The most recent OECD PISA results show that one in five Australian 15-year-olds are failing to achieve the international baseline level in mathematics, leaving school without the adequate maths skills for life beyond school.
Studies have also shown that students from Aboriginal and Torres Strait Islander backgrounds are more than three times more likely to display lower achievement levels than non-Indigenous students. For other students living in rural remote areas, it’s a familiar story.
A persistent issue for teachers is that it’s often difficult to identify ways to better support the learning needs of students who slip between the cracks and become disengaged in their schooling.
AI platform Knowledgehook, which describes itself as “an instructional guidance system for maths” has been showing promising results in schools across the US, Mexico and the UK and currently empowers teachers in more than 100,000 schools. In 2021, it is anticipated the solution will reach 50,000,000 students globally.
Today, the organisation announced the platform’s launch in Australia.
Knowledgehook uses AI to track where students are on their math journey by connecting students’ at-home learning with in-school education. This provides real-time insights to teachers on learning gaps, empowering them to develop an understanding of the maths concepts related to their students’ challenges.
Margaret Bigelow, former Australian Mathematics Curriculum leader, said the impact of a national approach to teaching and learning Mathematics has impacted on students’ improved outcomes.
“Teachers need to be supported to maintain this trajectory of improvement by having the ideas and tools to enhance the engagement of their students to develop critical and creative thinking and further mathematical skills,” Bigelow said.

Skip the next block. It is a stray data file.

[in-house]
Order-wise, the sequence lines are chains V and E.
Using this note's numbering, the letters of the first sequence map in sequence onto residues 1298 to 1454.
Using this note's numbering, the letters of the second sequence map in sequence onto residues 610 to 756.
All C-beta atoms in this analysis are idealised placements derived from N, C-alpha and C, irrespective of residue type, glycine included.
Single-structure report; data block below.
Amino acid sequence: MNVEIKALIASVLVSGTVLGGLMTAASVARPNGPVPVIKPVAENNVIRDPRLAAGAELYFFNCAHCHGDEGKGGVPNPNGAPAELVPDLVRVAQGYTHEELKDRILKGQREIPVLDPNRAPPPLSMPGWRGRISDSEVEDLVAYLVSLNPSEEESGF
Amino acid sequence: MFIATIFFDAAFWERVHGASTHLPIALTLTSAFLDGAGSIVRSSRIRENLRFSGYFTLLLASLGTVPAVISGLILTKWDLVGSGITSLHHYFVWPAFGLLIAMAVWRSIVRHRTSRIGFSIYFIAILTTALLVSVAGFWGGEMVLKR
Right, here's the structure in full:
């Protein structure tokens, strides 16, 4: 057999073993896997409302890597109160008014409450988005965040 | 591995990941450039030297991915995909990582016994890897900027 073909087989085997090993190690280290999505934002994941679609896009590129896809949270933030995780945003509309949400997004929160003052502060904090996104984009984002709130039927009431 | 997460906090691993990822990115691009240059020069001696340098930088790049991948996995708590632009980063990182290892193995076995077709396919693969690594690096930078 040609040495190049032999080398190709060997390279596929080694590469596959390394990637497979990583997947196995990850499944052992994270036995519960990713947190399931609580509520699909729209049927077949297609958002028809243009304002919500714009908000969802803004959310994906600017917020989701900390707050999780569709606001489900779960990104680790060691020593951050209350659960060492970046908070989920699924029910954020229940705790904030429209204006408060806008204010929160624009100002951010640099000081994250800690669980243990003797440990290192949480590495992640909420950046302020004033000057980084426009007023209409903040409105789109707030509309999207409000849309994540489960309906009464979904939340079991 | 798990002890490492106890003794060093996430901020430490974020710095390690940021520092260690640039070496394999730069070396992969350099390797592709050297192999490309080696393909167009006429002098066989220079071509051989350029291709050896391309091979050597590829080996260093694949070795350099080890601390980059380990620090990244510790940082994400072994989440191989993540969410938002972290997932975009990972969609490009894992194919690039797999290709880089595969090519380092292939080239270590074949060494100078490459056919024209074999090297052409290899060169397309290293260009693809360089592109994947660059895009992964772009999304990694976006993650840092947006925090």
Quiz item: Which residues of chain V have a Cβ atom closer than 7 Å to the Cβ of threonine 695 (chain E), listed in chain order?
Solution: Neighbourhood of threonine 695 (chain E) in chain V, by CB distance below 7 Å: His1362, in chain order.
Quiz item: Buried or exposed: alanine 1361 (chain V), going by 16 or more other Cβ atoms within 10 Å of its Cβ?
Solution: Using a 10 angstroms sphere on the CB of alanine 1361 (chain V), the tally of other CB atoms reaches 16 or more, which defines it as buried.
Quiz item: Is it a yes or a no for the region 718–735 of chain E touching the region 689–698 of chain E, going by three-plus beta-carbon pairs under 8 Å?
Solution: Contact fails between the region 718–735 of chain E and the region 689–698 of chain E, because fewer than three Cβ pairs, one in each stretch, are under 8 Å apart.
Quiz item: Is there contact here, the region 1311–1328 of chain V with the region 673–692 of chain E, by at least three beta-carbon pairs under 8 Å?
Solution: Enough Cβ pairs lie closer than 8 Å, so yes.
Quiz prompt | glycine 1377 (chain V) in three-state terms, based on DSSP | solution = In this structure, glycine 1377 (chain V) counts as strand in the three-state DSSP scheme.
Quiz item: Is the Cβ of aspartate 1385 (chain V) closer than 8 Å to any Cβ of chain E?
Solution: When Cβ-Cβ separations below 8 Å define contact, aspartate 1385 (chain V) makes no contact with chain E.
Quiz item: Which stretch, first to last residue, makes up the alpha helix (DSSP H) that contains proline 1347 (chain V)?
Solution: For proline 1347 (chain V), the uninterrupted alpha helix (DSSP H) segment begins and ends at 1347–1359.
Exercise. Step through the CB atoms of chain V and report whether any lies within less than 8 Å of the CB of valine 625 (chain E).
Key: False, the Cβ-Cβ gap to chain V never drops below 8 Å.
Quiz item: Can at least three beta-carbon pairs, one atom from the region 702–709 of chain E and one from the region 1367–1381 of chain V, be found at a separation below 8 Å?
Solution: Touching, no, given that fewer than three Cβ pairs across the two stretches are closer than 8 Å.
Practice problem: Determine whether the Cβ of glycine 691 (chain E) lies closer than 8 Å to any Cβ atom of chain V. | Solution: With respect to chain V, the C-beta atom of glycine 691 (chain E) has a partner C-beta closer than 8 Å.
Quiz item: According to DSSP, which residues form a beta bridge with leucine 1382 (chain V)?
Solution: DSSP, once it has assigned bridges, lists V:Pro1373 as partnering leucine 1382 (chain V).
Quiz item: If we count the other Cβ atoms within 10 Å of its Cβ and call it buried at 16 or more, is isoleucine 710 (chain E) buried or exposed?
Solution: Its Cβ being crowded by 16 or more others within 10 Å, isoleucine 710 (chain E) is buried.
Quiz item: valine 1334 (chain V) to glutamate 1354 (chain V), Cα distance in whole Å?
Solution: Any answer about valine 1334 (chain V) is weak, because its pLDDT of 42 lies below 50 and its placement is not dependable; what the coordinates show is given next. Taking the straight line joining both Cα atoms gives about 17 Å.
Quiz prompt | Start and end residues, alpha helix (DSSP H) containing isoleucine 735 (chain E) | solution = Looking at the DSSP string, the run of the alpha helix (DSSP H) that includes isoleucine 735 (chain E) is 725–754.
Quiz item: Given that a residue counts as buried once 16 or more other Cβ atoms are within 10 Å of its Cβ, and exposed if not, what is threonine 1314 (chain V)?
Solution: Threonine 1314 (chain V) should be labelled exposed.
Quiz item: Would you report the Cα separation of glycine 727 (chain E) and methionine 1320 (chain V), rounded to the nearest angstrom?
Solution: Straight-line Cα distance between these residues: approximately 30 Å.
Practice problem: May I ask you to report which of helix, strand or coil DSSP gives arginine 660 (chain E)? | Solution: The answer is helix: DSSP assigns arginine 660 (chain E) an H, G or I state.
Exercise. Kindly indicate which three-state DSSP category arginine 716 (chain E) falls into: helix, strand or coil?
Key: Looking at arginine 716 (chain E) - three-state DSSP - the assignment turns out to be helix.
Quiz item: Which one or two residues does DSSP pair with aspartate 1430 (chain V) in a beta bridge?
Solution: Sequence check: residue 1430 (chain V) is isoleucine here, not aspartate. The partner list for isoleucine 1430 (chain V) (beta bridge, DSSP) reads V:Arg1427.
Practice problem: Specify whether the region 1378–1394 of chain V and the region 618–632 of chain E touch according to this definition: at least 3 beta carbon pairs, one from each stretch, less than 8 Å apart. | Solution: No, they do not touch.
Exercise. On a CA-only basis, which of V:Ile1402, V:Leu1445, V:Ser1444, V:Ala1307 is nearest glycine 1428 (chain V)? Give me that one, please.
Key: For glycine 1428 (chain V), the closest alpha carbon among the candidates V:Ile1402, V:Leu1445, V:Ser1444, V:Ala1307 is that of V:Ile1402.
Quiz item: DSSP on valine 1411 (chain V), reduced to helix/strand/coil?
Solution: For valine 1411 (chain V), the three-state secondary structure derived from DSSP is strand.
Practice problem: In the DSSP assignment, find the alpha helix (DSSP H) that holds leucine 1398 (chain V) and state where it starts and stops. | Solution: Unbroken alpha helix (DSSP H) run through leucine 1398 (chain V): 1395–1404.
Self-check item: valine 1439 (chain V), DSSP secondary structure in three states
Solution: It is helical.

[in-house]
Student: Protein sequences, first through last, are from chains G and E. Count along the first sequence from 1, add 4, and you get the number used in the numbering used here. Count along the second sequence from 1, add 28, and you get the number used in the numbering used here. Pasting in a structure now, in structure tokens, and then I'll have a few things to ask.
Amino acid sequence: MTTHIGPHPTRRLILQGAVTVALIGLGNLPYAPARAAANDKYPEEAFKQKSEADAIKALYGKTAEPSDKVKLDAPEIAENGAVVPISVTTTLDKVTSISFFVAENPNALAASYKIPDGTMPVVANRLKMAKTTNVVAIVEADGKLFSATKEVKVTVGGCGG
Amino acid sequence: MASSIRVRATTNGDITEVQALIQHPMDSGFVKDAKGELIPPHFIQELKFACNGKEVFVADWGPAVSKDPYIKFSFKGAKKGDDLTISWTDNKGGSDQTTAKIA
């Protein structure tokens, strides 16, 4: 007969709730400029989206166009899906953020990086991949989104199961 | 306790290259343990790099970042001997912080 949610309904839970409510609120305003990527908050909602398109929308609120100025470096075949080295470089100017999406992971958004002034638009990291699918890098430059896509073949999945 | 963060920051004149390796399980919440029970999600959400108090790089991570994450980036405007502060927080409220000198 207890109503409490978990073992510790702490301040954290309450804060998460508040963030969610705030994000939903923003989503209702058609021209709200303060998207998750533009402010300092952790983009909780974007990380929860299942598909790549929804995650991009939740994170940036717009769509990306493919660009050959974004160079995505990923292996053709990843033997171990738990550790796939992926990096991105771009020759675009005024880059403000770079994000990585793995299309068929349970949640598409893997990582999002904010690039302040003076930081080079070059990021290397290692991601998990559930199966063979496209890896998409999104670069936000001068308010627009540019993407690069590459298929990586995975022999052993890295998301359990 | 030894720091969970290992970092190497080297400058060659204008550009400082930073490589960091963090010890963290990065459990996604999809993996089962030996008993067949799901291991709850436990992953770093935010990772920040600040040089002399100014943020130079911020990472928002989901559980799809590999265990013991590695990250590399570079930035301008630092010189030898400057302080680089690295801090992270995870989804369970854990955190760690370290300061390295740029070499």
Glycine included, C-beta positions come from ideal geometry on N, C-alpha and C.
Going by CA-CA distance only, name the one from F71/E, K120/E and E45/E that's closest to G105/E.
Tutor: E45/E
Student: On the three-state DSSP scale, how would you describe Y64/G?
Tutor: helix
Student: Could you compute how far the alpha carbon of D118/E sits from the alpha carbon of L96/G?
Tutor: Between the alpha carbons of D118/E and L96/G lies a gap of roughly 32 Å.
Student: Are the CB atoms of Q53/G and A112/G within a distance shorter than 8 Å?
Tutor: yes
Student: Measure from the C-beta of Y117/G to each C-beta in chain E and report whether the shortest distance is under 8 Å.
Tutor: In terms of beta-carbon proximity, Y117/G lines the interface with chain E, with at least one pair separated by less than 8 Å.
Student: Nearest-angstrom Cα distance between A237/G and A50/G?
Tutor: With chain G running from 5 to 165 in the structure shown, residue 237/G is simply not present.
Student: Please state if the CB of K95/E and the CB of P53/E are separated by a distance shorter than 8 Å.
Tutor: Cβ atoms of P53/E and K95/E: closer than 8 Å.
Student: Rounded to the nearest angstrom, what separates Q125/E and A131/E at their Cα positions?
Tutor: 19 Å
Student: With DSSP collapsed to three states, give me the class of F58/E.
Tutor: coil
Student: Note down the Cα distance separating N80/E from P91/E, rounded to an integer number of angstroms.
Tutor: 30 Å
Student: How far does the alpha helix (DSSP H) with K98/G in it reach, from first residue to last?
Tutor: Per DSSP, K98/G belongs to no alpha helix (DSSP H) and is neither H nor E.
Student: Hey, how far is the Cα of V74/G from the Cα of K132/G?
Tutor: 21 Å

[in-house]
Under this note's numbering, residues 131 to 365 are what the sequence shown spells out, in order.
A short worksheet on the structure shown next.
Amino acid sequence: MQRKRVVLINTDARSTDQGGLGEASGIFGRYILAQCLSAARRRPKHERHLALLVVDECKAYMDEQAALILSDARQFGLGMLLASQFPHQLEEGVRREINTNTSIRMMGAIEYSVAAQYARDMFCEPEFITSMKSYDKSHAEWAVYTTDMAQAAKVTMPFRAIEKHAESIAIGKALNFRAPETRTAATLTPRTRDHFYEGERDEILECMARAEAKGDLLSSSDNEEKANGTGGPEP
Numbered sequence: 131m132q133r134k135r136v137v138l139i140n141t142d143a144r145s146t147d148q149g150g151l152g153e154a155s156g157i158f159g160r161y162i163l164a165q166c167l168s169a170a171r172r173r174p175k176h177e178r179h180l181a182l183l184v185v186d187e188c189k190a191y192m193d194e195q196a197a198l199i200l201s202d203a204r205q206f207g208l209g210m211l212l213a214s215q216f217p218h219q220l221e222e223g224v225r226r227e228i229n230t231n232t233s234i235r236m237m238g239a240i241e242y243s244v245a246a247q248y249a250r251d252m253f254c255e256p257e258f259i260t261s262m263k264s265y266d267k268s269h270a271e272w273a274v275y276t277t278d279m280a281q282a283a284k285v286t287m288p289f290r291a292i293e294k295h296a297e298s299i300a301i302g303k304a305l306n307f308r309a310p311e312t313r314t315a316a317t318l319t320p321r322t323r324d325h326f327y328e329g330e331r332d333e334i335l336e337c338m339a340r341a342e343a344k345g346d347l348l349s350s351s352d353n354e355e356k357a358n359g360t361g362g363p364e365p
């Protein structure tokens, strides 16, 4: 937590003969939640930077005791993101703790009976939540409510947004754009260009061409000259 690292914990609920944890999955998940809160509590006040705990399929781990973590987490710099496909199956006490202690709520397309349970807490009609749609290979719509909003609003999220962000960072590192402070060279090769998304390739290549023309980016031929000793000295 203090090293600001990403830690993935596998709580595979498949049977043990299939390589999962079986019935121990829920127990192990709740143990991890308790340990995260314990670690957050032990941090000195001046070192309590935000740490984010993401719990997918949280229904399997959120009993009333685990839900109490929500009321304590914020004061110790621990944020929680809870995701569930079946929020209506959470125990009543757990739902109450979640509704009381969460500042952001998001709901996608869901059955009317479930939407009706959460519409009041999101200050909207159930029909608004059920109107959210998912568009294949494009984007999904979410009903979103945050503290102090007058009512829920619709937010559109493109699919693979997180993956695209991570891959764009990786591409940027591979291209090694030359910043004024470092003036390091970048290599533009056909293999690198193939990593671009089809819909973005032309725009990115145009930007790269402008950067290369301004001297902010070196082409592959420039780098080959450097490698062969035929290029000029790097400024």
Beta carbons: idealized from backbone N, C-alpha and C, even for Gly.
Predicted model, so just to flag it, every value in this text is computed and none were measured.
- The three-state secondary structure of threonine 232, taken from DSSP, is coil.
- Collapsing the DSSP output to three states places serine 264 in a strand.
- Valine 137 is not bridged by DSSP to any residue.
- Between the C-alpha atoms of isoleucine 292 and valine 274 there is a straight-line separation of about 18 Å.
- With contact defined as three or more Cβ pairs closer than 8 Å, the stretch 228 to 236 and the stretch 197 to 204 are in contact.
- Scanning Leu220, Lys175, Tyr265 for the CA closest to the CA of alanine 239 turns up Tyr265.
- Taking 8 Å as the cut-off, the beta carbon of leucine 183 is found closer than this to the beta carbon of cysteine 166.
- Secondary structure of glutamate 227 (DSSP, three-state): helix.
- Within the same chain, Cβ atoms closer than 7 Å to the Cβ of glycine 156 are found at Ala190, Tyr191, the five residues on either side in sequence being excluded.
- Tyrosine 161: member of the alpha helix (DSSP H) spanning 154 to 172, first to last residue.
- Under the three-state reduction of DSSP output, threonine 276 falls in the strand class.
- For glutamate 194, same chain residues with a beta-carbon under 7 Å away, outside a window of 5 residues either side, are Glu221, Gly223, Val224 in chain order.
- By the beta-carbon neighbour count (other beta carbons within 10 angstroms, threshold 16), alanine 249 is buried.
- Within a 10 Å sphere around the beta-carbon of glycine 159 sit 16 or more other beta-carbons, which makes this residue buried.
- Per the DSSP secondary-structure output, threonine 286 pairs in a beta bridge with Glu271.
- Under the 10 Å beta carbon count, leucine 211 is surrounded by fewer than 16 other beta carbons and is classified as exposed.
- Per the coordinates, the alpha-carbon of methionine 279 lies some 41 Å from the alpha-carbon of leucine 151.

“This will enable students to adjust to the ever-changing demands and challenges of life in the future."
Knowledgehook CEO, Travis Ratnam, said the platform was inspired by his own struggle with maths as a child.
“Having the right, personalised guidance makes all the difference and every student deserves to have a teacher who has access to the best pedagogical tools, and parents who have insights into their learning,” he said.
“Our platform is not a game; it pulls together a 360-degree view on a child’s learning journey enabling people around them to improve the child’s math experience and outcomes”.
Indeed, identifying those students who are struggling in their learning is something that education leaders and policymakers are keen to address in light o recent reports like TIMSS 2019.
“There is a clear relationship between disadvantage and underachievement,” TIMSS National Research Coordinator and ACER Deputy CEO Dr Sue Thomson told The Educator.
“These results are a call to arms to everyone involved in education to find ways of redressing the imbalance in opportunities and resources available to these students, to help lift achievement for all Australian students”.
Dr Thomson said she was particularly surprised by the widening gap between boys and girls in Year 4 mathematics.
“This is the opposite of the findings for the other subjects, which have either closed gaps [Year 8 mathematics and science] or never had a gap [Year 4 science],” she said.
“This is a concern for gender parity and, if it continues, may reverse the positive trend found in the other subjects and also have broader implications for women’s participation in STEM”.